Magnes in Berkeley will reopen after summer break

Docents' fears that the Magnes Museum will not reopen its Berkeley site after temporarily cutting its public exhibits for the summer, is "much ado about nothing," according to the museum's director.

While the Berkeley building on Russell Street will not host an exhibit for the next few months, its library and history center will remain open for use by appointment, said director Connie Wolf. Meanwhile, the museum staff will be "organizing and strengthening our collection" and planning an exhibition for the fall, she said.

The museum's San Francisco site, currently located in the Jewish Community Federation building on Steuart Street, will also close for the summer. While the museum will probably not reopen in this San Francisco location, Wolf anticipates that the Magnes will conduct public programs throughout the Bay Area.

"People have it in their mind that because we're not doing an exhibition this summer, that that's the end — but that's a false notion," said Wolf. "We never once used the word 'closed.' The reality is this: We are a merged institution with a location in San Francisco and in Berkeley."

The Judah L. Magnes Museum and the San Francisco Jewish Museum officially merged on Jan. 1. At that time new bylaws and procedures were drafted for the institution, the boards and staffs were combined into one, and Wolf, former director of the S.F. museum, became director.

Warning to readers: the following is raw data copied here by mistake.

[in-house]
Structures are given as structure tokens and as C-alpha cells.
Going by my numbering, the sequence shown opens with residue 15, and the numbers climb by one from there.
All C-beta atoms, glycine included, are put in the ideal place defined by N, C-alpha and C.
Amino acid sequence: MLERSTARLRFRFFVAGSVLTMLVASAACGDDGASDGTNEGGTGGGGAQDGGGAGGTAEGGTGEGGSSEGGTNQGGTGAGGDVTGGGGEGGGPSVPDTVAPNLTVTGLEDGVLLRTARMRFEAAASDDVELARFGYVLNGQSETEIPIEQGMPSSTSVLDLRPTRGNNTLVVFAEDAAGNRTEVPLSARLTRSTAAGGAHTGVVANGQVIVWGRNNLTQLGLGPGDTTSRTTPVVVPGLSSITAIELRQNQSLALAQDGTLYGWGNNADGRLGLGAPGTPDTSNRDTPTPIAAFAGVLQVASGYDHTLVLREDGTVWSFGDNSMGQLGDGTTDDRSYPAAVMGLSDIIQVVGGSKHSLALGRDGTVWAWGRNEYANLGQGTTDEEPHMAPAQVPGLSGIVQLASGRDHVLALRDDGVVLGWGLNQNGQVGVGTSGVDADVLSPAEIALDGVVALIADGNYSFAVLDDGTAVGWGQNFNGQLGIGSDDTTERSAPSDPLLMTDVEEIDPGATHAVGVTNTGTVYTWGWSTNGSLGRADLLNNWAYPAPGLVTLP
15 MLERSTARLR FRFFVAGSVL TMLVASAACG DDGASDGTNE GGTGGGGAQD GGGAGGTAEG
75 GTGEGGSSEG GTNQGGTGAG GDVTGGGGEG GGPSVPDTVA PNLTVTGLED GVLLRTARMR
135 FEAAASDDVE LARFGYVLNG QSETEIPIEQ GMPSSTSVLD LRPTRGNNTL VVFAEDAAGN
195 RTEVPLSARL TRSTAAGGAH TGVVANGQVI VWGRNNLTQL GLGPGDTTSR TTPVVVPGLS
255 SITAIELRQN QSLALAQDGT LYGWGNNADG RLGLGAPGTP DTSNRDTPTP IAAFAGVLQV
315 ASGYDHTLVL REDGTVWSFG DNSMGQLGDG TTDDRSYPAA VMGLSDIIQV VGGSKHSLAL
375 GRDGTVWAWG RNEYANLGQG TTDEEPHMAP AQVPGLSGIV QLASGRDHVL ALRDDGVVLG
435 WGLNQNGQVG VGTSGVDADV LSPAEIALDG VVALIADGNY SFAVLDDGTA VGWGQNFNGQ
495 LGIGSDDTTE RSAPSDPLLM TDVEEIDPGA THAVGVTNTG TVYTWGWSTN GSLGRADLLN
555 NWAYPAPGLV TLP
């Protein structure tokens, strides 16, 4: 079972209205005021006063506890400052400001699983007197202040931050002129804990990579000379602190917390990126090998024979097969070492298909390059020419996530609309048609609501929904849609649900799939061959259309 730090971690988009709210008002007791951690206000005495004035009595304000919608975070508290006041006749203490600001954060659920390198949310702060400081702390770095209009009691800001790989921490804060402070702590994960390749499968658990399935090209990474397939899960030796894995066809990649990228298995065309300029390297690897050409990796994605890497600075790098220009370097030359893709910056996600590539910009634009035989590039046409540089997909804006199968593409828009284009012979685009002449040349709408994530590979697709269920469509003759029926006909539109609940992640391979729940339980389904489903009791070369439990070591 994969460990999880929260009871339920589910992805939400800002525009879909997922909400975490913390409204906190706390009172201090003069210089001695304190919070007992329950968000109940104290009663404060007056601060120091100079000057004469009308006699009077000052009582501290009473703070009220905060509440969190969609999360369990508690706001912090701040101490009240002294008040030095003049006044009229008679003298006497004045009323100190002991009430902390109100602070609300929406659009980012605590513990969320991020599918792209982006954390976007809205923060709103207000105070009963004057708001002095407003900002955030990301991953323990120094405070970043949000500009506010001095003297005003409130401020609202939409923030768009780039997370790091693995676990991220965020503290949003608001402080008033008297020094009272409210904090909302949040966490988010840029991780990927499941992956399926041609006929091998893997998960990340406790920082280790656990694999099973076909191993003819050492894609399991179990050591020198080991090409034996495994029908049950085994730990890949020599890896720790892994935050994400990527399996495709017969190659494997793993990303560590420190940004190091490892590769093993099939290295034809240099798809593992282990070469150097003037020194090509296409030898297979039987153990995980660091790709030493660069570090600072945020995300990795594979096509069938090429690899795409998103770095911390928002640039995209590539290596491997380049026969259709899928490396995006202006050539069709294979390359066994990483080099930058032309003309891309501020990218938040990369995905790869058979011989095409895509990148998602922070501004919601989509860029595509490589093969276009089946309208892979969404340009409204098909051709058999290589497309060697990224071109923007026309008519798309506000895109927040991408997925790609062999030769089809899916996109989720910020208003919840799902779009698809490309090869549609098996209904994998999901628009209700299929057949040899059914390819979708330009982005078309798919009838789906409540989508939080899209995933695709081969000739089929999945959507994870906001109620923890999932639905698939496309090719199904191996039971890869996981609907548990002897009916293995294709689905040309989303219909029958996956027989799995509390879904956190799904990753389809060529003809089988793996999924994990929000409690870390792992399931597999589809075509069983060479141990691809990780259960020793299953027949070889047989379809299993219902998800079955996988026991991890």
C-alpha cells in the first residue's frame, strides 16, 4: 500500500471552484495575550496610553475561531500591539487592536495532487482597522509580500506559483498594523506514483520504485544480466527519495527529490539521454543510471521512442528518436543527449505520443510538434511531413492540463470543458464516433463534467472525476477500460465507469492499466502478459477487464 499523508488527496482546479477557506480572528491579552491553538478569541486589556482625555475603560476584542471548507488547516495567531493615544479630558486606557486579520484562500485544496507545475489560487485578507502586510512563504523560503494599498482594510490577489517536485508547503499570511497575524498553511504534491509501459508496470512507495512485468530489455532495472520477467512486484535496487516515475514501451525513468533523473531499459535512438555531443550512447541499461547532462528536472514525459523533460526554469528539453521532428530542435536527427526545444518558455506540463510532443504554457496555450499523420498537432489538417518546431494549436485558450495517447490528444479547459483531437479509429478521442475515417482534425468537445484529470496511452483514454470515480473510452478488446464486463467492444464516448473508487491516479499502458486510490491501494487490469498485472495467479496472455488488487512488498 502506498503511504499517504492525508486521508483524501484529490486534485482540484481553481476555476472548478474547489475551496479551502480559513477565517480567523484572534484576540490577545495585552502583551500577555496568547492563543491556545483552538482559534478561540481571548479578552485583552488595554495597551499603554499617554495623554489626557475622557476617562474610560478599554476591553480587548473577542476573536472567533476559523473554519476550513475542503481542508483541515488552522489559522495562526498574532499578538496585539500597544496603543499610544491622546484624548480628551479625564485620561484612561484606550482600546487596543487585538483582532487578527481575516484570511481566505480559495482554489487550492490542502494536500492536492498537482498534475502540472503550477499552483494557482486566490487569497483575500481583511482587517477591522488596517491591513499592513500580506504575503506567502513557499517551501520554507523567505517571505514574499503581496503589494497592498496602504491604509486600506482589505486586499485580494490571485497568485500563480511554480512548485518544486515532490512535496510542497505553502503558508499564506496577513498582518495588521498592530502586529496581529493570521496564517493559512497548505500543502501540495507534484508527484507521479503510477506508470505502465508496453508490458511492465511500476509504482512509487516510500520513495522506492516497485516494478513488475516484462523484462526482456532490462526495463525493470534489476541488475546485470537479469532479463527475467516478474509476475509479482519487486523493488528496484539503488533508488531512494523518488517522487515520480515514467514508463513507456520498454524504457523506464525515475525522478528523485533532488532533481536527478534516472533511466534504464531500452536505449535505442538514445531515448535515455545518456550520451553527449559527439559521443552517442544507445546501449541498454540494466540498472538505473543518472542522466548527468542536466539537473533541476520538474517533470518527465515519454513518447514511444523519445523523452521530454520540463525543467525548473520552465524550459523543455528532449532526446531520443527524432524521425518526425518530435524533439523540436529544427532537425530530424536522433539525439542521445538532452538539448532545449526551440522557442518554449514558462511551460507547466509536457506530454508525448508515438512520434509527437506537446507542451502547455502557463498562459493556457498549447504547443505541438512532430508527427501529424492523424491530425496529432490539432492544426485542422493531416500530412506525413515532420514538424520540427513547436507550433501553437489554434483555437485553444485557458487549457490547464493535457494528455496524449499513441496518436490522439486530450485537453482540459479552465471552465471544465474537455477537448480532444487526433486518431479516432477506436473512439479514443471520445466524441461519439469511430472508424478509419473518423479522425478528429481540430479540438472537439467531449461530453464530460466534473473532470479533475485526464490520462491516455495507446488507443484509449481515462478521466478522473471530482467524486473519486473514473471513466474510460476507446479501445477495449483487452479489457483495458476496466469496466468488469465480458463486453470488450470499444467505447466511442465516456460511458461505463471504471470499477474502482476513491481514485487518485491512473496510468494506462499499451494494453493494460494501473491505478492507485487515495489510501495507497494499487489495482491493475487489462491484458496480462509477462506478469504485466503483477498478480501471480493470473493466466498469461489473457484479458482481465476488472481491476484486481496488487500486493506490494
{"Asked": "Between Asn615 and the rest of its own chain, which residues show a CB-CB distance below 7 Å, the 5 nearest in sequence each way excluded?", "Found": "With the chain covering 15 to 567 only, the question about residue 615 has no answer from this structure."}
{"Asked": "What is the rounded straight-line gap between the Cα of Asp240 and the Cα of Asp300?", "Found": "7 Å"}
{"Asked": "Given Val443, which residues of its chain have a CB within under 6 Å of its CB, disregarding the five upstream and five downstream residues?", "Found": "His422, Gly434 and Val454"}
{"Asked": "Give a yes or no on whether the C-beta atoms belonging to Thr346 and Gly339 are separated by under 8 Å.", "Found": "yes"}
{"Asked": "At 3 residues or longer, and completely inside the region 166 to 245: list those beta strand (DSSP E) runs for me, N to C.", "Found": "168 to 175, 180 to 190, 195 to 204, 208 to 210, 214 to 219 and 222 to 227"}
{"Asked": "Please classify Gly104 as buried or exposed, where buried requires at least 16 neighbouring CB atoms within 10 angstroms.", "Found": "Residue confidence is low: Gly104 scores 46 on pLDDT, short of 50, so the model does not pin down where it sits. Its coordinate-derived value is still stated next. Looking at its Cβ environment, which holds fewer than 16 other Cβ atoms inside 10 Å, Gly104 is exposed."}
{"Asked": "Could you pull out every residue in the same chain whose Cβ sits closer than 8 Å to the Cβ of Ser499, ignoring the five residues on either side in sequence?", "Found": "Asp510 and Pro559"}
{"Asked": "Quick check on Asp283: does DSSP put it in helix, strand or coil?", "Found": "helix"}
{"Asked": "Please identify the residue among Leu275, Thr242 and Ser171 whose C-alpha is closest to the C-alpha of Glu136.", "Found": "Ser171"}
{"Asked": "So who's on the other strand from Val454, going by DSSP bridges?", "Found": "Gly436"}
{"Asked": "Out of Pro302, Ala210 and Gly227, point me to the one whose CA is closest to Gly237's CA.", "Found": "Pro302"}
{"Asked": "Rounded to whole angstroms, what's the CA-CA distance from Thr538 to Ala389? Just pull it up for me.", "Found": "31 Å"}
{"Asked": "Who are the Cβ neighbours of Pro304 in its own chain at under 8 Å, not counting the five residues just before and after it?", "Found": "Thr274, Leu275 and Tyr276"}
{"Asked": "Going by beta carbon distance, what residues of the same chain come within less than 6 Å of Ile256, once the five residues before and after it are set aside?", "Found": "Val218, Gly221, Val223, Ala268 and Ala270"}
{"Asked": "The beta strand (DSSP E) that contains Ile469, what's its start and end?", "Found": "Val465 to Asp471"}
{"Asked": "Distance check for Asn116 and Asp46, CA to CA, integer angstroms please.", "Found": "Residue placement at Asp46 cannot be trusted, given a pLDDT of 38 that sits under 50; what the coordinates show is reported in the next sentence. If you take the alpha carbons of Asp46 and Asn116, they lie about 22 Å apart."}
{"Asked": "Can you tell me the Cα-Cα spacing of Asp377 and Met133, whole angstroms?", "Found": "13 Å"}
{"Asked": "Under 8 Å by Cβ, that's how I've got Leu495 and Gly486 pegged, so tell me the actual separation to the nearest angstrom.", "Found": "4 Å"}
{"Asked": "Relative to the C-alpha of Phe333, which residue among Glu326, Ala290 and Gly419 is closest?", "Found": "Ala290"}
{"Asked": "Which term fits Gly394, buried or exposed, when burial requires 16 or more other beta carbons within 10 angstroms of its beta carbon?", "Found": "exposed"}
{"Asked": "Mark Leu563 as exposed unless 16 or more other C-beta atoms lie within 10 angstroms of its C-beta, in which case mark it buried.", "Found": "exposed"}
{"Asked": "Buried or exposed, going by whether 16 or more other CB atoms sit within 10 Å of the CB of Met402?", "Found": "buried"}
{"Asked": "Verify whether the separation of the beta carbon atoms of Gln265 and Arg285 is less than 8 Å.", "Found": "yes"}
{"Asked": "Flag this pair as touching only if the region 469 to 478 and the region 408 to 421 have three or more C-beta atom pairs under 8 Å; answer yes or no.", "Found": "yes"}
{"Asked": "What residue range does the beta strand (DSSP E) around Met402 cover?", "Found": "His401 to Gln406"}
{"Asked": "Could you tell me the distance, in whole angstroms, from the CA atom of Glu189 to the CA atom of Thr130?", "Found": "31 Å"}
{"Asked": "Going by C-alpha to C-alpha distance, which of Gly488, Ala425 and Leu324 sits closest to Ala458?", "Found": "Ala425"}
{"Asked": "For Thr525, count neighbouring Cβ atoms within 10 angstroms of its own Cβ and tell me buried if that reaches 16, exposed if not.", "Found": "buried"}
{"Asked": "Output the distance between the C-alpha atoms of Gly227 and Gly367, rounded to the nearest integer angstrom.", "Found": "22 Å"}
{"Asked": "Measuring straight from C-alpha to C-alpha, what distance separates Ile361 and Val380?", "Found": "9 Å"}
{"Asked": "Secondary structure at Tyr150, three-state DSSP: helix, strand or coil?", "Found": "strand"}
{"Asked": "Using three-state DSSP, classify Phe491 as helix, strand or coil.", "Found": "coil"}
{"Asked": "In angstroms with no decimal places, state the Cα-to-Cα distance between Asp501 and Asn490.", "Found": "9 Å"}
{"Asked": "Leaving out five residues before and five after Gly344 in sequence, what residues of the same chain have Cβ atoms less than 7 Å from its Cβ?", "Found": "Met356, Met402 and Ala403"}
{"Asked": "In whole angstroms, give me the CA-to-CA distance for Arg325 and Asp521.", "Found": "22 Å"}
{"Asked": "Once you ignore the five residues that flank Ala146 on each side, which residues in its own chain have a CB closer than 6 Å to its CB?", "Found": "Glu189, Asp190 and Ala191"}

Several docents have expressed dissatisfaction with the summer closure of the Berkeley site.

"None of the docents are happy about it," said Alice Prager, a docent for 16 years. "No one even told us about it until the very last minute."

A letter detailing the reasons for the summer closure, which starts today, including long-term debt and the cost of staffing, was sent to the docents last week.

"They feel they have to do this for economic reasons," explained Seymour Fromer, founder of the Judah L. Magnes Museum. "I wish this wasn't necessary, but if we have the pledge to continue after the summer, that's about the best we can hope for."

Prager said she and others are still not satisfied. "It would be just wonderful if we could just keep it open," she said. "We could do our own fund-raisers to cover the daily expenses."

But Wolf said the closure is necessary to make the museum "financially stable and programmatically acceptable." She said the decision was based on her 20 years in the museum business, not an impulsive whim.

"There is a very small but vocal minority who are frustrated and unfortunately don't know a lot of the issues we face as a merged institution," said Wolf. "We too want the museum to succeed and to be here for generations to come. We are all fighting for the same thing."

The Magnes has been working to "make the transition as seamless as possible," said Wolf, mentioning the museum's infrastructure, databases and finances as some areas of focus.

Pre-existing construction plans for a proposed 90,000-square-foot site in San Francisco's Yerba Buena Gardens, and a new site on Allston Way between Shattuck and Oxford in Berkeley, are still expected to go on as planned, but Wolf said exact details are still unknown.